The Church of Damascus praying and fasting
Opening of the initiative in the Melkite Greek Catholic Cathedral
22 September 2014
Present were Patriarch Gregorios III, bishops and other representatives of all Damascus’s Churches, the Chargé d’Affaires of the Apostolic Nunciature, Syrian media (press and television)
The disciples were faced with the tragic situation of a young man possessed by a dumb spirit, which tore him so that he fell to the ground, foaming at the mouth.
The disciples were unable to cope with the situation, but Jesus cured the young man and gave him back to his father, safe and sound.
Later his disciples asked Jesus privately, “Why could not we cast him out?” Their Master replied in the words of the verse which is the title of this initiative, “This kind can come forth by nothing, but by prayer and fasting.” (Mark 9: 29; Matthew 17: 21)
Dear brothers and sisters,
This is our situation. We are in the fourth year of the way of the cross, Syria’s passion. That is the great, blood-stained tragedy of our people. We, your bishops, are powerless before the suffering of our people, their pain and their questions about the gloomy future whose lowering clouds presage further storms, destruction, death, exile and emigration.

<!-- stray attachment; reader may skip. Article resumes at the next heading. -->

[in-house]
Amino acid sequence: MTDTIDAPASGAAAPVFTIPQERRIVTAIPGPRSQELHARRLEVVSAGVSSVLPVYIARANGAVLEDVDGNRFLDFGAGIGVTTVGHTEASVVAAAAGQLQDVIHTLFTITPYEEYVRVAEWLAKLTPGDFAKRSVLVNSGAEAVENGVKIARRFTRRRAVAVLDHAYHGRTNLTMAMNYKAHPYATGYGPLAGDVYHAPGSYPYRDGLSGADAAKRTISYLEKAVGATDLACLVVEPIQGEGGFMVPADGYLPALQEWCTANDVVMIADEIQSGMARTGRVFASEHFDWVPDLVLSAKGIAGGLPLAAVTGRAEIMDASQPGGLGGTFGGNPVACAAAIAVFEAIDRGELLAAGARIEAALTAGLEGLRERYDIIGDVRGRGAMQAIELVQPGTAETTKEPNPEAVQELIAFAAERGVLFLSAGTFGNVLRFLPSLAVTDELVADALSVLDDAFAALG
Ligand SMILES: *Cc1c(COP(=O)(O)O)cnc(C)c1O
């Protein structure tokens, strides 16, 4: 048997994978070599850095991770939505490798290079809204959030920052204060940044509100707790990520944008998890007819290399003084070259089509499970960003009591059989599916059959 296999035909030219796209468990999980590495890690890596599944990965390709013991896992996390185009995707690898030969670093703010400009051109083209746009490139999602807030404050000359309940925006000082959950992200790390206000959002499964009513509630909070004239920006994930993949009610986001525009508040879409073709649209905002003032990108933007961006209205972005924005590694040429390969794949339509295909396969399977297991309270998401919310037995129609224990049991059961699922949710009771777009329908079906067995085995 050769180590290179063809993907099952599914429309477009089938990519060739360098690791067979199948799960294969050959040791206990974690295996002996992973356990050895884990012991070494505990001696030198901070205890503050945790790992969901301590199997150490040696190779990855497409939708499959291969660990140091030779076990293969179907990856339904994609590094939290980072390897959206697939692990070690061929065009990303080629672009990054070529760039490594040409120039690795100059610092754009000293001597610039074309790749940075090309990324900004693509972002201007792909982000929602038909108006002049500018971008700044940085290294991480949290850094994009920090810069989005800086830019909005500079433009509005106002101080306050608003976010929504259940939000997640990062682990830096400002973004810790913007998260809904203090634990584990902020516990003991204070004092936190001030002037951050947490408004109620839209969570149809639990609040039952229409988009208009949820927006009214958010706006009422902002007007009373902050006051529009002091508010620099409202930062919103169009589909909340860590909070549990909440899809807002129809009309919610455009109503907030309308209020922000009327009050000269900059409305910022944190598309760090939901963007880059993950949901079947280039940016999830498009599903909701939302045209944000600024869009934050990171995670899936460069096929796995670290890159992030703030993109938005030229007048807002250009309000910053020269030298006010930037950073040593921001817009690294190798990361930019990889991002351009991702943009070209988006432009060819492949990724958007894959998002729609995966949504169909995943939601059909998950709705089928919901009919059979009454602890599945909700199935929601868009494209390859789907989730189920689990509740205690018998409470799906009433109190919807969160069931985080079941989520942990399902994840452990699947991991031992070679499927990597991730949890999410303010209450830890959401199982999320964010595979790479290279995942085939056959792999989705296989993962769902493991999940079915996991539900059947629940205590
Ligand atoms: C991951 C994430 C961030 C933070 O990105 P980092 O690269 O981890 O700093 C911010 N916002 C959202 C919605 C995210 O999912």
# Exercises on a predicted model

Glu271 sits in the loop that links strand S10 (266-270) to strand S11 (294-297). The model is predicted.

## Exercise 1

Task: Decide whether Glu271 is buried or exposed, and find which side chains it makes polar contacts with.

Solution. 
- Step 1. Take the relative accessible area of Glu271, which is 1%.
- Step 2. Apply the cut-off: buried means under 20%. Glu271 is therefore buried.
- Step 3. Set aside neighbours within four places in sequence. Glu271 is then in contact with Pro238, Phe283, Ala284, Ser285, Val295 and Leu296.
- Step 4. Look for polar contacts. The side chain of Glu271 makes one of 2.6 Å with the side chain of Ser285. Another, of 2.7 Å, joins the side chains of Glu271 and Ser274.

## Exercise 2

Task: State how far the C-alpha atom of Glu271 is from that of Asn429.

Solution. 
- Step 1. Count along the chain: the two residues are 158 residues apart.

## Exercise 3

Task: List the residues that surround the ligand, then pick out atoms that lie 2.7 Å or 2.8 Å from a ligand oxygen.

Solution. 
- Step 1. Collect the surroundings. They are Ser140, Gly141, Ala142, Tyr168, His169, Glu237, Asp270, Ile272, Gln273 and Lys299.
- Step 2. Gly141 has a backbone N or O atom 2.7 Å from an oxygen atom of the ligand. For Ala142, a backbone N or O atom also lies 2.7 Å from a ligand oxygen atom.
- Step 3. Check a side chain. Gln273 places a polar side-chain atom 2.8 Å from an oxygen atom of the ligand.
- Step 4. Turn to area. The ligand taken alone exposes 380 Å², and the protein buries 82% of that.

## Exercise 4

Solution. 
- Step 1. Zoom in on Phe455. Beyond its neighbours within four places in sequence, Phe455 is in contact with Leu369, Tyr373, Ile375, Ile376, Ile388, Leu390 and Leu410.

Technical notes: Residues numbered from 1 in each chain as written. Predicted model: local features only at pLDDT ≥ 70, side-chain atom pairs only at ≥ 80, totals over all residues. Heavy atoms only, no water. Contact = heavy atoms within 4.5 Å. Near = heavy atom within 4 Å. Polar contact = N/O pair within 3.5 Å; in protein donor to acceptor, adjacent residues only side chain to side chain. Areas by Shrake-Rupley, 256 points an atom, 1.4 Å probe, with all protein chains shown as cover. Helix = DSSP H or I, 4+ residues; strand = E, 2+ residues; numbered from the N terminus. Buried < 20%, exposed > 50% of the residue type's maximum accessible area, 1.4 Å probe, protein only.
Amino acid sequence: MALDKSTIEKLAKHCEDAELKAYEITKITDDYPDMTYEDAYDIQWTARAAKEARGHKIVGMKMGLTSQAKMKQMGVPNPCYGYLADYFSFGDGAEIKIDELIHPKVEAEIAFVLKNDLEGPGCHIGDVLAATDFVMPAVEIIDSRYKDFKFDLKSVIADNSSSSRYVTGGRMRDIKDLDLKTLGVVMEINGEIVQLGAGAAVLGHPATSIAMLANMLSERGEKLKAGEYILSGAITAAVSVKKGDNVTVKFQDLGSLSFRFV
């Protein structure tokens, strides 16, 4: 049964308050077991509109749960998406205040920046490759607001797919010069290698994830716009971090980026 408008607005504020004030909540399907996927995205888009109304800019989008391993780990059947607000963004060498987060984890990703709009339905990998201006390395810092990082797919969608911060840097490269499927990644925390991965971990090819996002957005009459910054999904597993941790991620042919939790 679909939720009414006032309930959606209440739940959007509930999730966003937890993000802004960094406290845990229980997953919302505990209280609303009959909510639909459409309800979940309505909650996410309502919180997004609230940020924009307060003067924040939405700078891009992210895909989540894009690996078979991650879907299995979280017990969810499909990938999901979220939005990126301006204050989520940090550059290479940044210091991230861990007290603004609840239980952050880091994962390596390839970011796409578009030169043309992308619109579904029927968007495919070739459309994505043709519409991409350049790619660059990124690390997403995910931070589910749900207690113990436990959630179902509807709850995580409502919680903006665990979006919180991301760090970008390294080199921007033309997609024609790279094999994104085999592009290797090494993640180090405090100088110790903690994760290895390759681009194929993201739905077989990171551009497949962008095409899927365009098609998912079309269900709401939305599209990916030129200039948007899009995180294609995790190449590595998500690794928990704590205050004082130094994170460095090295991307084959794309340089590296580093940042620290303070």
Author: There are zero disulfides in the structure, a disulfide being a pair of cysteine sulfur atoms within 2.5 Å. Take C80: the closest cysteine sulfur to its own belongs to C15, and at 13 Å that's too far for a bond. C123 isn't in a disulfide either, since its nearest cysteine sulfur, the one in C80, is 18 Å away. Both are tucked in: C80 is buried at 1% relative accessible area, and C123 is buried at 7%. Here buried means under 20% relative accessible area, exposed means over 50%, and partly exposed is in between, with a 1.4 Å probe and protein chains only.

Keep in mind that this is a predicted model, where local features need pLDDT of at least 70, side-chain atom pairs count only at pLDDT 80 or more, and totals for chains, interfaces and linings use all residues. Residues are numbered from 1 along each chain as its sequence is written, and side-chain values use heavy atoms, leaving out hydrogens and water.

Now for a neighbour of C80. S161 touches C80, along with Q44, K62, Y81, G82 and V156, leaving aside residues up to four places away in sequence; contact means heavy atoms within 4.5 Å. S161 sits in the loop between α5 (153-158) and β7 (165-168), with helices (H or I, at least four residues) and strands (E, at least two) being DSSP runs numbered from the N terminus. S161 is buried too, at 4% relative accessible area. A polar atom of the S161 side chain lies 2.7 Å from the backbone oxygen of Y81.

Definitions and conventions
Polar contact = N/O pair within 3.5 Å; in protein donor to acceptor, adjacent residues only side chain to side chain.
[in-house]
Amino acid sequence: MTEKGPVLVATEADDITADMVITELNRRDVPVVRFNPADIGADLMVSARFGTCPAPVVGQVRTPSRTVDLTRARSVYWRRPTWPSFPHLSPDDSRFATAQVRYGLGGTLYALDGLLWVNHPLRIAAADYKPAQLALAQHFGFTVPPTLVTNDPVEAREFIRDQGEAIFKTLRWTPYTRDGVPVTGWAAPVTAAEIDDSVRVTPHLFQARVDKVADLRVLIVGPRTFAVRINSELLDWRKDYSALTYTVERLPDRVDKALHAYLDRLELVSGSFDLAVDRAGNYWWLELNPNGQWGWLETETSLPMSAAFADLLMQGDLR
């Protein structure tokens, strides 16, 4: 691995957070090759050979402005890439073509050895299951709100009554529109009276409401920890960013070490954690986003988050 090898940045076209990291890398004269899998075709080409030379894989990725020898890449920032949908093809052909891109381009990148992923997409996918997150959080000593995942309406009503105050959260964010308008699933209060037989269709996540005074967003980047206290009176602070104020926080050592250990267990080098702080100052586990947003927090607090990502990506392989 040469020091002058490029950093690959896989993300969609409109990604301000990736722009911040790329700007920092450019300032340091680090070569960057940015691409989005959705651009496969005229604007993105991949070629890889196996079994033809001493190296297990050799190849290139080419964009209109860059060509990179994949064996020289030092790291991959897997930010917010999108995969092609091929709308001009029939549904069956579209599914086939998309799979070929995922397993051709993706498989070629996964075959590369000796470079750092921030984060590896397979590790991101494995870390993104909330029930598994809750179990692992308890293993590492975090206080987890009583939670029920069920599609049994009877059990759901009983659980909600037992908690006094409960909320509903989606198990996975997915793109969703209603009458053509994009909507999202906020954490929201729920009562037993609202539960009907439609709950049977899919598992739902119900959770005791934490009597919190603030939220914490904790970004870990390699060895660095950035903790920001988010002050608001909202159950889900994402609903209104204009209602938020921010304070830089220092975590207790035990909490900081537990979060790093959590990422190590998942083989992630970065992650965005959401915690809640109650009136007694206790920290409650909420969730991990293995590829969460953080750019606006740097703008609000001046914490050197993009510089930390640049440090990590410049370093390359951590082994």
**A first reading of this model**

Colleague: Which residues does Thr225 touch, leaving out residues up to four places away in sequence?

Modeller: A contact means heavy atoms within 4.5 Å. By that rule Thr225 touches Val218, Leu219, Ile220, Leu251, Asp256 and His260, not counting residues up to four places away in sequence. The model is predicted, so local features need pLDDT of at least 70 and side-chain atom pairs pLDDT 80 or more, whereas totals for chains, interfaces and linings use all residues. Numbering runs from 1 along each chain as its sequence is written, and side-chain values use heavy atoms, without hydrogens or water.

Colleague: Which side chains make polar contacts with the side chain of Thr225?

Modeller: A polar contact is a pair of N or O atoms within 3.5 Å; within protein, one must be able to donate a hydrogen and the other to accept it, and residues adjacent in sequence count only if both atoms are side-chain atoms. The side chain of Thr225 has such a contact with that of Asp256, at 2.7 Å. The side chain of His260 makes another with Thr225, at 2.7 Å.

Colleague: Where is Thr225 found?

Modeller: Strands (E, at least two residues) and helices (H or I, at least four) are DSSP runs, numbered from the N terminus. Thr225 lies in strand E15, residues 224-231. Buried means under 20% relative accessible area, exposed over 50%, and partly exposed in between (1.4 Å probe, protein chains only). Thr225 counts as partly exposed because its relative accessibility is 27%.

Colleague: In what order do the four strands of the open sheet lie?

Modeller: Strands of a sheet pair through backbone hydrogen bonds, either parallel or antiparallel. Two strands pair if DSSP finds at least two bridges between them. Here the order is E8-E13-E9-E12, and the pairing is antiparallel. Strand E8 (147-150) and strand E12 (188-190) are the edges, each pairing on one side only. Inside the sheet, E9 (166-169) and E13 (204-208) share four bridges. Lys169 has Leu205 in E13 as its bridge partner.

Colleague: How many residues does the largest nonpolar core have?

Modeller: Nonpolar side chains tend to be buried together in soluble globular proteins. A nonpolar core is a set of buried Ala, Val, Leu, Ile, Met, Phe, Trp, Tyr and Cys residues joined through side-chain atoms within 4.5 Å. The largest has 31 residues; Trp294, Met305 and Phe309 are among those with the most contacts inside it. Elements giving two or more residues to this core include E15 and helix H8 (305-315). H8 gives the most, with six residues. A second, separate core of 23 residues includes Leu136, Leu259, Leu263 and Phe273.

We can only reply as Jesus did, “This kind can come forth by nothing, but by prayer and fasting.”
We find ourselves in a similar situation to that experienced by the disciples and the first Christian community before us and even of Jesus himself.
Indeed Jesus prays and sweats blood in the Garden of Gethsemane. He prays in great distress, but also abandoning himself to the Father’s will. “Father, if thou be willing, remove this cup from me: nevertheless not my will, but thine, be done.” (Luke 22: 42; Mark 14: 36; Matthew 26: 39)
On the cross, Jesus cries, “Eli, Eli, lama sabachthani?” that is to say, “My God, my God, why hast thou forsaken me?” (Matthew 27: 46; Mark 15: 34)
The disciples, when their little boat was tossed by strong waves, shouted, “Lord, save us: we perish.” (Matthew 8: 25; Luke 8: 24; cf. Mark 4: 38)
There were also tragic situations in the life of the first Christian community, as described in the Acts of the Apostles.
1. And they continued steadfastly in the apostles' doctrine and fellowship, and in breaking of bread, and in prayers. And fear came upon every soul... And all that believed were together, and had all things common... And they, continuing daily with one accord in the temple… (Acts 2: 42-46)
2. Peter and John were imprisoned (as Metropolitan Paul Yazigi and Archbishop Gregorios Yuhanna Ibrahim have been abducted), which harshly affected the first Christian community, whose members met to raise this impressive prayer to God,